The economist who coined the BRICS acronym during his time at Goldman Sachs has derided the idea of the group of emerging nations developing their own currency ‘ridiculous’, as Brazil, Russia, India, China, and South Africa contemplate expanding the bloc.
Lord Jim O’Neill, who introduced the term BRICS in a 2001 research note as chief economist at Goldman Sachs, claimed in an interview with Financial Times that beyond geopolitical symbolism, BRICS have not achieved anything substantial since their inception.
The current BRICS five contribute 31.5 per cent of global GDP overtaking the cumulative financial strength of Group of Seven (Canada, France, Germany, Italy, Japan, the United Kingdom, and the United States, as well as the European Union) nations who contribute 30 per cent of global GDP.
The BRICS is expected to contribute over 50 per cent of global GDP by 2030, with the proposed enlargement almost certainly bringing that forward.
BRICS expansion: Discourse over common currency and countering dollar’s dominance
The BRICS nations are contemplating a definite expansion during the upcoming summit in South Africa next week. At the same time, Brazil’s President Lula has staunchly called for countering dollar’s dominance, an assertion which has found support from host South Africa’s President Cyril Ramaphosa.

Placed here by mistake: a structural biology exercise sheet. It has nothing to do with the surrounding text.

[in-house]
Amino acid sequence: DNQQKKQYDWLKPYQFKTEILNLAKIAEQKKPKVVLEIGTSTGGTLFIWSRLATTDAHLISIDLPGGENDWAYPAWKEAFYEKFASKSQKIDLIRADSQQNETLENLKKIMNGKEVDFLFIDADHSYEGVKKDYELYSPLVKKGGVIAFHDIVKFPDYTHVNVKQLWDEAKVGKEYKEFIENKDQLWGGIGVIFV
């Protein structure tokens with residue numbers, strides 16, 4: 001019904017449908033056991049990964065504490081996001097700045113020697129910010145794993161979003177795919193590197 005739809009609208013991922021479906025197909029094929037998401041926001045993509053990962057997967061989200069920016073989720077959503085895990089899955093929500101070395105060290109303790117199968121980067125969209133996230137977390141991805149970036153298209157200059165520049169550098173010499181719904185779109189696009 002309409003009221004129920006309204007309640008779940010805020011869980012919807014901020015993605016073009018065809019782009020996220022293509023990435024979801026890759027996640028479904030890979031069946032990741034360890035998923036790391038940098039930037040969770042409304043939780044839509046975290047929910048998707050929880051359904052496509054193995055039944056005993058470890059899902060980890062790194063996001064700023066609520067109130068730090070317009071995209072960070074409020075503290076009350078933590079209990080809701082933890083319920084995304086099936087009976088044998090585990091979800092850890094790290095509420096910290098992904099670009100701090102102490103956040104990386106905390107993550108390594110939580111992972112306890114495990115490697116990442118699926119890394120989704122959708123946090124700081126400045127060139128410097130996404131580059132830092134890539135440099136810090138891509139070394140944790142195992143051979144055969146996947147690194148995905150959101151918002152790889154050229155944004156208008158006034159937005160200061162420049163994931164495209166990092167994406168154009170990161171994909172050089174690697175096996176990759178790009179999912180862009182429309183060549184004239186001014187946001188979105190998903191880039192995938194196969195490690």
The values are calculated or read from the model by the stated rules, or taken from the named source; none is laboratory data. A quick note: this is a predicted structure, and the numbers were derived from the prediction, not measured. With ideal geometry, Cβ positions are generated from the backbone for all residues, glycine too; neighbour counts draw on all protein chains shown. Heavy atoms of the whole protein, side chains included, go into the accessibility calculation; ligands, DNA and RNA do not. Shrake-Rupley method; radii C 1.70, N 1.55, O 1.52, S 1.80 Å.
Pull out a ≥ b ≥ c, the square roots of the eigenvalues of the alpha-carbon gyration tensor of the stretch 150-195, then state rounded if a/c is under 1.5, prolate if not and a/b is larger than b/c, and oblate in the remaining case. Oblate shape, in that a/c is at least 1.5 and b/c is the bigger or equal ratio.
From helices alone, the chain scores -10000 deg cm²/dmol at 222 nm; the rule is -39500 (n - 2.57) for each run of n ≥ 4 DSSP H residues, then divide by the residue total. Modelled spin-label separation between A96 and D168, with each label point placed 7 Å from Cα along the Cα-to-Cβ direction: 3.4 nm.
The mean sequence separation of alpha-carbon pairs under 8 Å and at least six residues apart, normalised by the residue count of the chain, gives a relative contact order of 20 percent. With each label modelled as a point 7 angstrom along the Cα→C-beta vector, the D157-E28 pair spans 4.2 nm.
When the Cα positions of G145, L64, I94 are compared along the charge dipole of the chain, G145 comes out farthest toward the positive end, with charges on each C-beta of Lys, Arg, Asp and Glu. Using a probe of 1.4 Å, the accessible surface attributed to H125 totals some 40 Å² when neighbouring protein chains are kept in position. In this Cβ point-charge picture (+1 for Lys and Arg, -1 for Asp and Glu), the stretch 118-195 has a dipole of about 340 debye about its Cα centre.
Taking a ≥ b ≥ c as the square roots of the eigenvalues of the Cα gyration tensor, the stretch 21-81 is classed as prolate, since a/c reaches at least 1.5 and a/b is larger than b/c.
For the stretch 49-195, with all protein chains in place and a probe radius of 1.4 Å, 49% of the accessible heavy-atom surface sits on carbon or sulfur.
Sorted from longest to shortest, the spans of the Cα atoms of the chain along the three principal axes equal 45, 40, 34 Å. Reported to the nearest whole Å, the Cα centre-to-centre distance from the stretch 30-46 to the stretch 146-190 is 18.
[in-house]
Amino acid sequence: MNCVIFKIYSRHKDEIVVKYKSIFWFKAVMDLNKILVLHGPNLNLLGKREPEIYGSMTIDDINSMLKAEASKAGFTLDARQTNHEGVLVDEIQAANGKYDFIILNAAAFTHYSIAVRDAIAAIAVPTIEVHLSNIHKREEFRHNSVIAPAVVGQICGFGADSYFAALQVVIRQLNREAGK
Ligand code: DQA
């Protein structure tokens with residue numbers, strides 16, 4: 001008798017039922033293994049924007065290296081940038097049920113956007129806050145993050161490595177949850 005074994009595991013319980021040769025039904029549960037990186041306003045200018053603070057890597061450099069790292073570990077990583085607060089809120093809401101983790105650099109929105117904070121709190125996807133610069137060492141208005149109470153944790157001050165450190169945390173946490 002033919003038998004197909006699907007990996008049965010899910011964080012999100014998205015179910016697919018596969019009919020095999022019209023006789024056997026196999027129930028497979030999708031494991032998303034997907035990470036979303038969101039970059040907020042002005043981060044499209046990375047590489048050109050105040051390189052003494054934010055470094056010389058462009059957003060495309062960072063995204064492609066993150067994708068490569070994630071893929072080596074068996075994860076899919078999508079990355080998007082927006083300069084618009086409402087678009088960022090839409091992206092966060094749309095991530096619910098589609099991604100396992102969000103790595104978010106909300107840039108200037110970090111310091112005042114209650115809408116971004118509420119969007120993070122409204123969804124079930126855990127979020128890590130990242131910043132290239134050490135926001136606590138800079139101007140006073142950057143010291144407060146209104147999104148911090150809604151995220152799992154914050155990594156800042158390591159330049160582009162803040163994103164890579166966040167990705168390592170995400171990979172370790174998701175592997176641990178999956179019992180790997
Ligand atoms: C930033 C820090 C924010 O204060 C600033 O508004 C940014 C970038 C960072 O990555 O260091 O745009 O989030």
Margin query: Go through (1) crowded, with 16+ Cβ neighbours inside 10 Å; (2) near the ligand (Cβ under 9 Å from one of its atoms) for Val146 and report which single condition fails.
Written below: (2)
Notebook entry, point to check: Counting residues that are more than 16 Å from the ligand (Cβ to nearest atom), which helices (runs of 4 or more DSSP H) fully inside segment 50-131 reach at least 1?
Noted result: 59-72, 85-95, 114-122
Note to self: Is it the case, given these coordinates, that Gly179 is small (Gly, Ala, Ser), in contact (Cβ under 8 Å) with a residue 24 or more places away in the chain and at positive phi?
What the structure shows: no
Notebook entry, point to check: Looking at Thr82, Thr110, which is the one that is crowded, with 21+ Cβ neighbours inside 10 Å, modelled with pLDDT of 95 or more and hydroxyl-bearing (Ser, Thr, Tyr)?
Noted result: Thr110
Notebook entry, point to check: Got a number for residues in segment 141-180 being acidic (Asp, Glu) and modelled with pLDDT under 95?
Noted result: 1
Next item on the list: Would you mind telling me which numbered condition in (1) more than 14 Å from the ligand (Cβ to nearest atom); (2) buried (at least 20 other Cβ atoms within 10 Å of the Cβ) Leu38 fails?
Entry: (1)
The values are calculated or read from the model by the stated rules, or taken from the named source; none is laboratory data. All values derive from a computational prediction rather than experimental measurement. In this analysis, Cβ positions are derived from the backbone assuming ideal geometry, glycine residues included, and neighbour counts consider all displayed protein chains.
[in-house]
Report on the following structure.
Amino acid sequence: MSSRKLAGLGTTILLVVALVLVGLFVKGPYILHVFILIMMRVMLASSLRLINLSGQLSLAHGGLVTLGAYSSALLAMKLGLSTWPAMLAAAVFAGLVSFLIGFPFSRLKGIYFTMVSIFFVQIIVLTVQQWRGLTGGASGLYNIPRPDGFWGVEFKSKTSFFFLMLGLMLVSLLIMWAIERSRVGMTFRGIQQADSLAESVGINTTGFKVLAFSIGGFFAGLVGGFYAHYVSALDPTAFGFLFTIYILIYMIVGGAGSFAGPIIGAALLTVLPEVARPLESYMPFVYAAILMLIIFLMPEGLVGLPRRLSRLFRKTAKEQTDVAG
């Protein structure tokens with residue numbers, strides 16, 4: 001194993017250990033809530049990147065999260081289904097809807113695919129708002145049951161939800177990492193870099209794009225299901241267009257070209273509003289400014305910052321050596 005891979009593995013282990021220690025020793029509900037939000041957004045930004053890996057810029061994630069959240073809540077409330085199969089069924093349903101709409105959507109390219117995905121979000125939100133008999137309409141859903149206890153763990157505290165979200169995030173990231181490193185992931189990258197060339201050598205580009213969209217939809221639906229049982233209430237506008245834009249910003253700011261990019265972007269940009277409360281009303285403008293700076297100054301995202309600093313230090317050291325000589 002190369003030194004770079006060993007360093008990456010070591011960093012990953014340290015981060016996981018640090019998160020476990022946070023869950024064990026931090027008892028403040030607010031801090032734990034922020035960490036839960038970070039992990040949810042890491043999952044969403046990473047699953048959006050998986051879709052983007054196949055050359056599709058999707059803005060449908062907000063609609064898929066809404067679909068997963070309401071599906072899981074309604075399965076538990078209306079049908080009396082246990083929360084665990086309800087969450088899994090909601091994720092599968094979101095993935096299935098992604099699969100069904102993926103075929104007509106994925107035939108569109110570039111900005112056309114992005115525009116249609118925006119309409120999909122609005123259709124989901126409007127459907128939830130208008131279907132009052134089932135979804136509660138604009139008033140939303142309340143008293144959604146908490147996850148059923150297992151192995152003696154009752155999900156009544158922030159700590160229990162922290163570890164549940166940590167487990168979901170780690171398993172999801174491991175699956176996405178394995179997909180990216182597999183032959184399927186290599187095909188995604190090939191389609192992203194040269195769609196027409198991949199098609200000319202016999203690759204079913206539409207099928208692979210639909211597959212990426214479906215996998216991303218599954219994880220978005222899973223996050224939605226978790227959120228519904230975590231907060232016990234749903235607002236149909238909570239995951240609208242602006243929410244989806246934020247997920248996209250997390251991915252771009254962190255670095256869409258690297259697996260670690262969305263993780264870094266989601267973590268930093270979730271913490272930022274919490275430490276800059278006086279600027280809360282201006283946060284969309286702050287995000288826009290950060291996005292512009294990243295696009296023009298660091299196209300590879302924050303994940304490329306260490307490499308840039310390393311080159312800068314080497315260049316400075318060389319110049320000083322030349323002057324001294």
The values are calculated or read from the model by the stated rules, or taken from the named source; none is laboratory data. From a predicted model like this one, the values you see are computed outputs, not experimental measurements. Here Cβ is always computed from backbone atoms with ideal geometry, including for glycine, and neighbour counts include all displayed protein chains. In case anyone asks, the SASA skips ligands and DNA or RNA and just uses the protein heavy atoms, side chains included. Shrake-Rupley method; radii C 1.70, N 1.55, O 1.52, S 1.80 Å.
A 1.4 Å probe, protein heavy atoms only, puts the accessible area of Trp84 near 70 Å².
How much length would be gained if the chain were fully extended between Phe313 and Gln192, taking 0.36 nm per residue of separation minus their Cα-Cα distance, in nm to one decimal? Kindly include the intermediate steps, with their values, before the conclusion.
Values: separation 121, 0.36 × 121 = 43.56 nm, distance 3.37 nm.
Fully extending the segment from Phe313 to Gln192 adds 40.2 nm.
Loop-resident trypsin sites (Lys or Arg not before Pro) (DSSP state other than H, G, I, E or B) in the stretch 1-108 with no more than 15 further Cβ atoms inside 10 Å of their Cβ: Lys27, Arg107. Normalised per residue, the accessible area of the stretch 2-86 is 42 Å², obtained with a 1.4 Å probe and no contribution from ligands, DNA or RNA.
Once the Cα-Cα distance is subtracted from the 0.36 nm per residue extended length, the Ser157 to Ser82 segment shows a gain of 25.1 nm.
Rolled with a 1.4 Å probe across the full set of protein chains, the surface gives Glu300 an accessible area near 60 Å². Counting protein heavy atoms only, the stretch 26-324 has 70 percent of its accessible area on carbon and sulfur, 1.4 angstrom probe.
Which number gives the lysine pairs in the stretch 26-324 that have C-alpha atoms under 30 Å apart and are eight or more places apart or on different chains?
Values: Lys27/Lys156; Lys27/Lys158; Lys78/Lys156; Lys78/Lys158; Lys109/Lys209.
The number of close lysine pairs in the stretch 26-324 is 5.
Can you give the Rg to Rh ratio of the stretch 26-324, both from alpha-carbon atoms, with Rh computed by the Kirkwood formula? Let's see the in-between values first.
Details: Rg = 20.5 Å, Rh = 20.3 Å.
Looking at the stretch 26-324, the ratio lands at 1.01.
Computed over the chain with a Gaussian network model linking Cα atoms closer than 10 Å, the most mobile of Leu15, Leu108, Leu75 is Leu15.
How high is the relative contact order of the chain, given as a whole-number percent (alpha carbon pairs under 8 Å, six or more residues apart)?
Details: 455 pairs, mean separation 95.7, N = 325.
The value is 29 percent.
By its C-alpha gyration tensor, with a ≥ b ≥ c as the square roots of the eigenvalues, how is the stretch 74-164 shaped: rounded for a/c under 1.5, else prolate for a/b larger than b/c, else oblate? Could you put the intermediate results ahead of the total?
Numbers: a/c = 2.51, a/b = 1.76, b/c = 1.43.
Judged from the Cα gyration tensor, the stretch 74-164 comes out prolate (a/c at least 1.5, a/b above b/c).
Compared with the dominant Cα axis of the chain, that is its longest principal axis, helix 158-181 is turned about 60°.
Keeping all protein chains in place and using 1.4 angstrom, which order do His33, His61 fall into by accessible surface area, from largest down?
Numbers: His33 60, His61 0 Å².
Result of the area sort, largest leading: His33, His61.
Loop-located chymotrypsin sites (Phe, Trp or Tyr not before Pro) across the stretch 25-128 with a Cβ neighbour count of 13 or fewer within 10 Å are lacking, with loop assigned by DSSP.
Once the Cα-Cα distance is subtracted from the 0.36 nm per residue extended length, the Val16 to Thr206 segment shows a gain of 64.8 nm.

Russia and China, too, have called for challenging the US dollar’s global reserve currency status.
O’Neill also slammed the proposition of a BRICS central bank, saying it will be difficult to implement.
Is a potential expansion of BRICS creating jitters in the West?
Yes, it is. This is because an expansion of BRICS on the lines of economic cooperation would seek alternative financial pathways for international trade against US-dominated SWIFT and dollar as default currency for the market.
Also watch | Is BRICS raging against the US Dollar an exercise in futility?
At the same time, New Delhi would seek assurances from China to not oppose its bid for a permanent membership at the UN Security Council as many nations who constitute ‘Friends of BRICS’ (the supposed members who could become part of the bloc upon successful expansion) support reforms at the UN Security Council.
Is India opposing expansion of BRICS?
Reports in the Western media that India opposes the proposition of expansion of BRICS with inclusion of other countries of the Global South are imprecise.
New Delhi has sought wider consultation on BRICS expansion but at the same time has expressed positive support for China’s proposal to expand the bloc despite the bilateral divergences between Beijing and New Delhi.
India’s foreign minister Dr S Jaishankar has asserted BRICS as “an established feature of the global landscape”.
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